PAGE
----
Norway-based consultancy DNV has said that fossil fuels will still constitute 50 per cent of the global energy mix by 2050, compared to 80 per cent held for decades, warning that the energy transition is not fast enough for the world to achieve the net-zero target by 2050.
DNV also warned in its latest energy transition report that even if all electricity was ‘green’ from this day forward, the world will still fall a long way short of achieving the 2050 net-zero emissions target of the COP21 Paris Agreement. The agreement was intended to keep global warming to “well below 2°C” and strive to limit its increase to 1.5°C.
DNV’s fifth Energy Transition Outlook highlights the global pandemic as a “lost opportunity” for speeding up the energy transition, as Covid-19 recovery packages have largely focused on protecting rather than transforming existing industries.
According to DNV, electrification is on course to double in size within a generation and renewables are already the most competitive source of new power, however, DNV’s forecast shows global emissions will reduce only 9 per cent by 2030, with the 1.5˚C carbon budget agreed by global economies emptied by then.
DNV also said that electrification of final energy demand will grow from 19 per cent to a 38 per cent share by 2050, powered mainly by solar and wind.
DNV has been consistent in forecasting a rapid transition to a decarbonized energy system by mid-century. As rapid as that transition is, DNV’s forecast is that despite every effort being made, it remains definitively not fast enough for the world to achieve the ambitions of the Paris Agreement and warns the planet will most likely reach global warming of 2.3˚C by end of the century. DNV emphasised that there is a short window of opportunity to close the gap.
Remi Eriksen, Group President and CEO of DNV, is deeply concerned about what it will take for governments to apply the resolution and urgency they have shown in the face of the pandemic to our climate. “We must now see the same sense of urgency to avoid a climate catastrophe”, Eriksen said.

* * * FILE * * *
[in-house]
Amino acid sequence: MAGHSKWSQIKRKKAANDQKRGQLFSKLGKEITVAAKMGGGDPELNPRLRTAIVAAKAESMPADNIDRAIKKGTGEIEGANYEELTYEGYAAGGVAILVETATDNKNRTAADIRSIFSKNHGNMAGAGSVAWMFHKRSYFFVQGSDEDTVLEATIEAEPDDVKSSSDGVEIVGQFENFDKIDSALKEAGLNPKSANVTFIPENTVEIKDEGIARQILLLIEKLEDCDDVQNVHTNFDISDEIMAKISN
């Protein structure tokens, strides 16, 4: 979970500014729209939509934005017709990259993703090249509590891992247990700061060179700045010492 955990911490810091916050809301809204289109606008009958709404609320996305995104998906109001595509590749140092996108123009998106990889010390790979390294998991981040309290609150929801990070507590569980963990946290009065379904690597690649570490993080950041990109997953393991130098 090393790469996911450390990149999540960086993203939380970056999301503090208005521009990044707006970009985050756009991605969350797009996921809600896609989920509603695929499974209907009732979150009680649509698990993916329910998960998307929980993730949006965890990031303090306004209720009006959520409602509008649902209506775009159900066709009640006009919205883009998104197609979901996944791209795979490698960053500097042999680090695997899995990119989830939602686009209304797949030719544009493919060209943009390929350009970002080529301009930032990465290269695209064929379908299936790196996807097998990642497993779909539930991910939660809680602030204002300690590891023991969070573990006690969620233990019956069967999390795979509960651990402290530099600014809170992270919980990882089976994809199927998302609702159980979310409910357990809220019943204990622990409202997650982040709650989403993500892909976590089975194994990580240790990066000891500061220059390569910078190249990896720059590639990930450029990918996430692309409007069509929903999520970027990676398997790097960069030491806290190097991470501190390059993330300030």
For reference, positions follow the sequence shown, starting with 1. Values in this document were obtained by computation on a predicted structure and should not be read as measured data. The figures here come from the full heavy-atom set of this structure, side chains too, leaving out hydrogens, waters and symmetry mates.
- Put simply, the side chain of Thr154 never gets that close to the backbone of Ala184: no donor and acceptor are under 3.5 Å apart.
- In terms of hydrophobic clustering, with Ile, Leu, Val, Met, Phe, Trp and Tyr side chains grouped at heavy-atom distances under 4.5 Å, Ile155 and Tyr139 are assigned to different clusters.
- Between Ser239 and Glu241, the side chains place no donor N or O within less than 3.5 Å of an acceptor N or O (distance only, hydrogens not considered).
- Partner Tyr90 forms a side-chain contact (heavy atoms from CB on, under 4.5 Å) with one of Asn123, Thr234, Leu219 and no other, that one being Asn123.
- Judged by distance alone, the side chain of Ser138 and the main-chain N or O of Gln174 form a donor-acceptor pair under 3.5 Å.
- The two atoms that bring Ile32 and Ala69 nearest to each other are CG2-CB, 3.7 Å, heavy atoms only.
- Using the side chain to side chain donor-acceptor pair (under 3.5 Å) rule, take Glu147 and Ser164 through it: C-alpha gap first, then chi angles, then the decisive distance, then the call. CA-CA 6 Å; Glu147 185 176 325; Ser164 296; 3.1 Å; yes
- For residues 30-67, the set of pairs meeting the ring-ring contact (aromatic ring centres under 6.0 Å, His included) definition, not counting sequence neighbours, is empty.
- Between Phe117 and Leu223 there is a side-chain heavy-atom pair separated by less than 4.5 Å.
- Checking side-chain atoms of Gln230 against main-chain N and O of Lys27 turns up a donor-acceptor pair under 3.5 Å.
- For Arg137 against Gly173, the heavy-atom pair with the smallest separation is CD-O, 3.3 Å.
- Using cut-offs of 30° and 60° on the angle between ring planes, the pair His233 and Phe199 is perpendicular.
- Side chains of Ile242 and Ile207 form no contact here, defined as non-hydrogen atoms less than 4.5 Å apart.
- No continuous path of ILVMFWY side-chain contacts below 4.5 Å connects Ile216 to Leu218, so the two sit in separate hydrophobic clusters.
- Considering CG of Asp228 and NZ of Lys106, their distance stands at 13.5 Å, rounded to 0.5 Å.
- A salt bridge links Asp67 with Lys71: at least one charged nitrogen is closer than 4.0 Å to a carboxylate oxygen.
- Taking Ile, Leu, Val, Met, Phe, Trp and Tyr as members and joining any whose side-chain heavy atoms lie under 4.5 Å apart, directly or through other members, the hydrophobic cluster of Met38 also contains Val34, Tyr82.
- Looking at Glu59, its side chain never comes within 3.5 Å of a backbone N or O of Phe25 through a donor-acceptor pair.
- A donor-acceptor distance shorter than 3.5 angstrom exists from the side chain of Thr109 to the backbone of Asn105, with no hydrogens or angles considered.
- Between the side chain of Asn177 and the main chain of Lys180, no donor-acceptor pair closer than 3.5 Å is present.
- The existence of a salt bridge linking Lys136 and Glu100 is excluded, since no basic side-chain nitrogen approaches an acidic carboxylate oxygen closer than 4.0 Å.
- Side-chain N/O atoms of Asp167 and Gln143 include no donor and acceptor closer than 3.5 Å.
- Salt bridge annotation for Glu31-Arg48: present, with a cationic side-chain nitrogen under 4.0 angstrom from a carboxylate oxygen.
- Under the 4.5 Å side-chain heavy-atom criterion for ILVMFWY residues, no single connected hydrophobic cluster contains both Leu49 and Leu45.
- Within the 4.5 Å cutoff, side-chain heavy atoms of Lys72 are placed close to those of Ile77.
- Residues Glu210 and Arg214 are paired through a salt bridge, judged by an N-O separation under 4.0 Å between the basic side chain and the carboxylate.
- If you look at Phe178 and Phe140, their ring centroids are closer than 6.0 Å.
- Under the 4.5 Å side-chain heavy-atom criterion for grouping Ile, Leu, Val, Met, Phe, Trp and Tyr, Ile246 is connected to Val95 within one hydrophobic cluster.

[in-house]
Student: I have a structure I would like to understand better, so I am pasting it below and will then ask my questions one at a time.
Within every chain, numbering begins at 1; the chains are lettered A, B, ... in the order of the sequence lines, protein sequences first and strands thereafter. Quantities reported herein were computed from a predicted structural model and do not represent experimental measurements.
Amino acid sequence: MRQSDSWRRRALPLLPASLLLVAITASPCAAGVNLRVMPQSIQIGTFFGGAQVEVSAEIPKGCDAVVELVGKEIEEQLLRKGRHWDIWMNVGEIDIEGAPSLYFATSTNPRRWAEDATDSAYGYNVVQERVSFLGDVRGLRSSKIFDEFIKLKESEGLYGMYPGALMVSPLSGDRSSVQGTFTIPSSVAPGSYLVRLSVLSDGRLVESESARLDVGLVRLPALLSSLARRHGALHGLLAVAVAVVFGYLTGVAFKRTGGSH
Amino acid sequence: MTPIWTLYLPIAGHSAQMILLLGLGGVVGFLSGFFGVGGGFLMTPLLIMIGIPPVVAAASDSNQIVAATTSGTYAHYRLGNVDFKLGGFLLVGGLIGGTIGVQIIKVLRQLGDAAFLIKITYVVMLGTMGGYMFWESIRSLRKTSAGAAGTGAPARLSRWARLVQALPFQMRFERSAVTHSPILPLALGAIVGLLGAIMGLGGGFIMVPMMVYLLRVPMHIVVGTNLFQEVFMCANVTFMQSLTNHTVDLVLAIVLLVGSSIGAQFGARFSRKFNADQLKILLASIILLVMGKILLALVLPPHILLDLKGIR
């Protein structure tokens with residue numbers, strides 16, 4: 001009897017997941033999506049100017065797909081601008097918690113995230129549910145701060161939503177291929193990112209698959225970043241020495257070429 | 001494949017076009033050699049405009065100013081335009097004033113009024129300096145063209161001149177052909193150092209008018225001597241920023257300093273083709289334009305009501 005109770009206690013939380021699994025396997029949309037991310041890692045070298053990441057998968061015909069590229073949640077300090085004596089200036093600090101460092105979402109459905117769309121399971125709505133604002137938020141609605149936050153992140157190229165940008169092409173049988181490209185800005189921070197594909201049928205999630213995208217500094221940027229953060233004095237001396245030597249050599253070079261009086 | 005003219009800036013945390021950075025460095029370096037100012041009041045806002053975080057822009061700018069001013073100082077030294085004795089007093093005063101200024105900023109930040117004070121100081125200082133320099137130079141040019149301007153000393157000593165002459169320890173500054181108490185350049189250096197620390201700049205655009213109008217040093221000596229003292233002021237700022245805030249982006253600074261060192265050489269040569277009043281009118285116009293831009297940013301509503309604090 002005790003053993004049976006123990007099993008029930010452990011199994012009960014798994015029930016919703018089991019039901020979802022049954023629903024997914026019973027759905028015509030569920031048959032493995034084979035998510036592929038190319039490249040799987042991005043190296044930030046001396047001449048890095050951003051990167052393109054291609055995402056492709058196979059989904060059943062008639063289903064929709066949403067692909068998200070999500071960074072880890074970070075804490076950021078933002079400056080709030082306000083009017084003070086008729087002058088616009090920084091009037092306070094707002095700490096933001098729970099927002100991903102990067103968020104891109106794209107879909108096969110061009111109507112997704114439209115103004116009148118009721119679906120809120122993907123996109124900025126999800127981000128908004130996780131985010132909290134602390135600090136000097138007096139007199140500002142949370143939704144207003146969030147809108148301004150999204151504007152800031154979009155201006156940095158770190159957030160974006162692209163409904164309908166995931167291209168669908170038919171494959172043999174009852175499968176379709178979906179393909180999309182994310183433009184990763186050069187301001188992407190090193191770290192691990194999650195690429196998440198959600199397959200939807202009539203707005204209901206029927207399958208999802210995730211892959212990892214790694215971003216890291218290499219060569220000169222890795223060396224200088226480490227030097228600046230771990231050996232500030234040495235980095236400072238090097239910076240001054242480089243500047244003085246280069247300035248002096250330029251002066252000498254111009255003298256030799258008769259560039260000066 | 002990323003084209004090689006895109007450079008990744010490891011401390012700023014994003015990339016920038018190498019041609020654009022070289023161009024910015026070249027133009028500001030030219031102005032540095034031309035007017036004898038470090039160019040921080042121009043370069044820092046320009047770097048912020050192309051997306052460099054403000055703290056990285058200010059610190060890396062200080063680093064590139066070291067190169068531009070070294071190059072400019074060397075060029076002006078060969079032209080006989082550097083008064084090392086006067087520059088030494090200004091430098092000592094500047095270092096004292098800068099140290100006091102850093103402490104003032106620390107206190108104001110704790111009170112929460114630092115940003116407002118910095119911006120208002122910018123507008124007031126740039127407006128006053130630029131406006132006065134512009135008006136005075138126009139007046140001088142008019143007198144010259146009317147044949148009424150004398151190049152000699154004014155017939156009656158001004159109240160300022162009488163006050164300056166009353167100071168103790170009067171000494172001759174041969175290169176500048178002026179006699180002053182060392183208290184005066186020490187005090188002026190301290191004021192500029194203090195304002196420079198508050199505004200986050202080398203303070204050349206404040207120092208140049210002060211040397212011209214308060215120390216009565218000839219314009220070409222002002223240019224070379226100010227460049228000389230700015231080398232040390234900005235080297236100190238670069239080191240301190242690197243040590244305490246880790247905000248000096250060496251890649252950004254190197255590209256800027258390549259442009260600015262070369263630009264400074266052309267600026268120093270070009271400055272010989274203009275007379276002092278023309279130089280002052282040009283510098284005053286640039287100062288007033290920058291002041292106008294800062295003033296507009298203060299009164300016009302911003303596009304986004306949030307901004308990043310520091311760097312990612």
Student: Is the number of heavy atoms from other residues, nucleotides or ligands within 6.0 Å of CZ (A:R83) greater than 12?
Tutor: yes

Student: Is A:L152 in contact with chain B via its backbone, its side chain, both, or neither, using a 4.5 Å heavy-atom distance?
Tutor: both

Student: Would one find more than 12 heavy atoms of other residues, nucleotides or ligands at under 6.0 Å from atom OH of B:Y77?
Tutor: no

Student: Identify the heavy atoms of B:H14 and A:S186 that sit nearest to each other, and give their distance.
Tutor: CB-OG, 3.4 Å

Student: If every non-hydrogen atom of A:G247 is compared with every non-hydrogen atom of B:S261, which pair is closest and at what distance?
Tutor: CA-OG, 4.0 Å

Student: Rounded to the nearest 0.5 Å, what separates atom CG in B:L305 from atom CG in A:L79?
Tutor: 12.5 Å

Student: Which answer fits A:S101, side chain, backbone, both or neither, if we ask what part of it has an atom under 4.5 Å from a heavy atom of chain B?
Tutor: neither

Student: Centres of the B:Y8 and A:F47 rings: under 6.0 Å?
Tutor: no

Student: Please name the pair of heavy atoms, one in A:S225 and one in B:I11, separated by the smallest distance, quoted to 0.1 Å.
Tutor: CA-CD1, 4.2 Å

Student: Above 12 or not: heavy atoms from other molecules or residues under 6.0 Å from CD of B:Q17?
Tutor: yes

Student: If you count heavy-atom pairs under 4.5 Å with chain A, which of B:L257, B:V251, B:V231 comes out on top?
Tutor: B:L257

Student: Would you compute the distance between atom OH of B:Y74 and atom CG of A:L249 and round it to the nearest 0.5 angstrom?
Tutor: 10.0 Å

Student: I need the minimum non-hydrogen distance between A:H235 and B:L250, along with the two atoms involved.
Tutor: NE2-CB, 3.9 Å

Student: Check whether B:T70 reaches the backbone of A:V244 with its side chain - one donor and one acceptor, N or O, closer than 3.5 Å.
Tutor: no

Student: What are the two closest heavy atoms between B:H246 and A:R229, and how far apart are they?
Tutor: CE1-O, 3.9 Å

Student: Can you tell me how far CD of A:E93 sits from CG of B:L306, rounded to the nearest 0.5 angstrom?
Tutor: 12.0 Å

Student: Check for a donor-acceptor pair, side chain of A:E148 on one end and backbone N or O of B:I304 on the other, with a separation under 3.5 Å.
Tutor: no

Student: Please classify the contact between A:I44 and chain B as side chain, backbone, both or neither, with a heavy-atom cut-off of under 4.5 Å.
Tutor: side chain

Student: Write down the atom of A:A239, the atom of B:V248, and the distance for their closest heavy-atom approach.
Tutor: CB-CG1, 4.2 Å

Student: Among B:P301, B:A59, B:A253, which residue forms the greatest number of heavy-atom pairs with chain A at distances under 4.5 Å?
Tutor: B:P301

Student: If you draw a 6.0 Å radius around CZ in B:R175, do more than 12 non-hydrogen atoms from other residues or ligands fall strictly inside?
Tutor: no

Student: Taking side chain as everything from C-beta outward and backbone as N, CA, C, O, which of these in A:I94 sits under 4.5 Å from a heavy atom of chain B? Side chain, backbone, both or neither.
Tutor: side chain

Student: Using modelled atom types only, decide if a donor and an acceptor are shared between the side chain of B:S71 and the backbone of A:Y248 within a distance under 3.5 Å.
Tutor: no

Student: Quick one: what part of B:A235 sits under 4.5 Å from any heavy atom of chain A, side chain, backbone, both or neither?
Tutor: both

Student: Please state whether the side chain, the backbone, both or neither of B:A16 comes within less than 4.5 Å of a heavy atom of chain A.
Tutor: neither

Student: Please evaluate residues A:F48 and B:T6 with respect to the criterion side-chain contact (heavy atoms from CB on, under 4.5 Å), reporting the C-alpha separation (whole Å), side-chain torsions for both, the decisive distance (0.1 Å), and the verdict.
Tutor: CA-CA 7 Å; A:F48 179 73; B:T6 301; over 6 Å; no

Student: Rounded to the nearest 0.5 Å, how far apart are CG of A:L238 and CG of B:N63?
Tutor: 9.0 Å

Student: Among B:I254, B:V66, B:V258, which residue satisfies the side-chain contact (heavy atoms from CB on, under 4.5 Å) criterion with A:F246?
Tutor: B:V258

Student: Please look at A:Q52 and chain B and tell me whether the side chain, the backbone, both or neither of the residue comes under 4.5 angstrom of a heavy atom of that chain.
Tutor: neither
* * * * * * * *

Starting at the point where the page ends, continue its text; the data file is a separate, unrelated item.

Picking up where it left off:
“Many of the pandemic recovery packages have largely focused on protecting, rather than transforming, existing industries. A lot of ‘building back’ as opposed to ‘building better’ and although this is a lost opportunity, it is not the last we have for transitioning faster to a deeply decarbonized energy system”.
Energy efficiency remains the biggest opportunity to tackling climate change as the world drifts further away from achieving Paris. Securing significant improvement in this vital area is viewed as the most significant lever for the transition – achieving greater efficiency is the reason why global energy demand will level off, even as the global population and economy grow.
Reductions in the use of fossil fuels have been remarkably quick, however, these sources, especially gas, will still constitute 50 per cent of the global energy mix by 2050 – making the need to invest in and scale hydrogen, and carbon capture and storage all the more important. It is worth mentioning here that fossil fuels have held an 80 per cent share of the global energy mix for decades.
Looking ahead, coal use will fall fastest, down 62 per cent by 2050. Oil use stays relatively flat until 2025 when it starts a steady decline, to just above half of current levels by mid-century. Gas use will grow over the coming decade, then levels off for a 15-year period before starting to reduce in the 2040s. Gas will surpass oil as the largest energy source and will represent 24 per cent of the global energy supply in 2050. DNV also pointed out that CCS deployment is too slow and only 3.6 per cent of fossil CO2 emissions are abated in 2050.
ETO 2021 also reveals that while 69 per cent of grid-connected power will be generated by wind and solar in 2050, and indirect electrification (hydrogen and e-fuels) and biofuels remain critical, none of these sources are scaling rapidly enough.
Hydrogen is the energy carrier that holds the highest potential to tackle hard to abate emissions, however, DNV’s forecast indicates hydrogen only starting to scale from the mid-2030s and, even then, only building to 5 per cent of the energy mix by 2050.
Most hydrogen will be produced from dedicated renewables-based electrolysers by 2050. Green hydrogen will dominate over time, with 18 per cent of hydrogen supply produced via electrolysis from cheap grid electricity and 43 per cent from electrolysis using dedicated off-grid renewables. Blue hydrogen will lose its cost advantage, providing only 19 per cent of hydrogen supply for energy purposes by 2050.
“Extraordinary action will be needed to bring the hydrogen economy into full force earlier – but these are extraordinary times. The window to avoid catastrophic climate change is closing soon, and the costs of not doing so unimaginable”, said Eriksen.
This article was previously published on www.offshore-energy.biz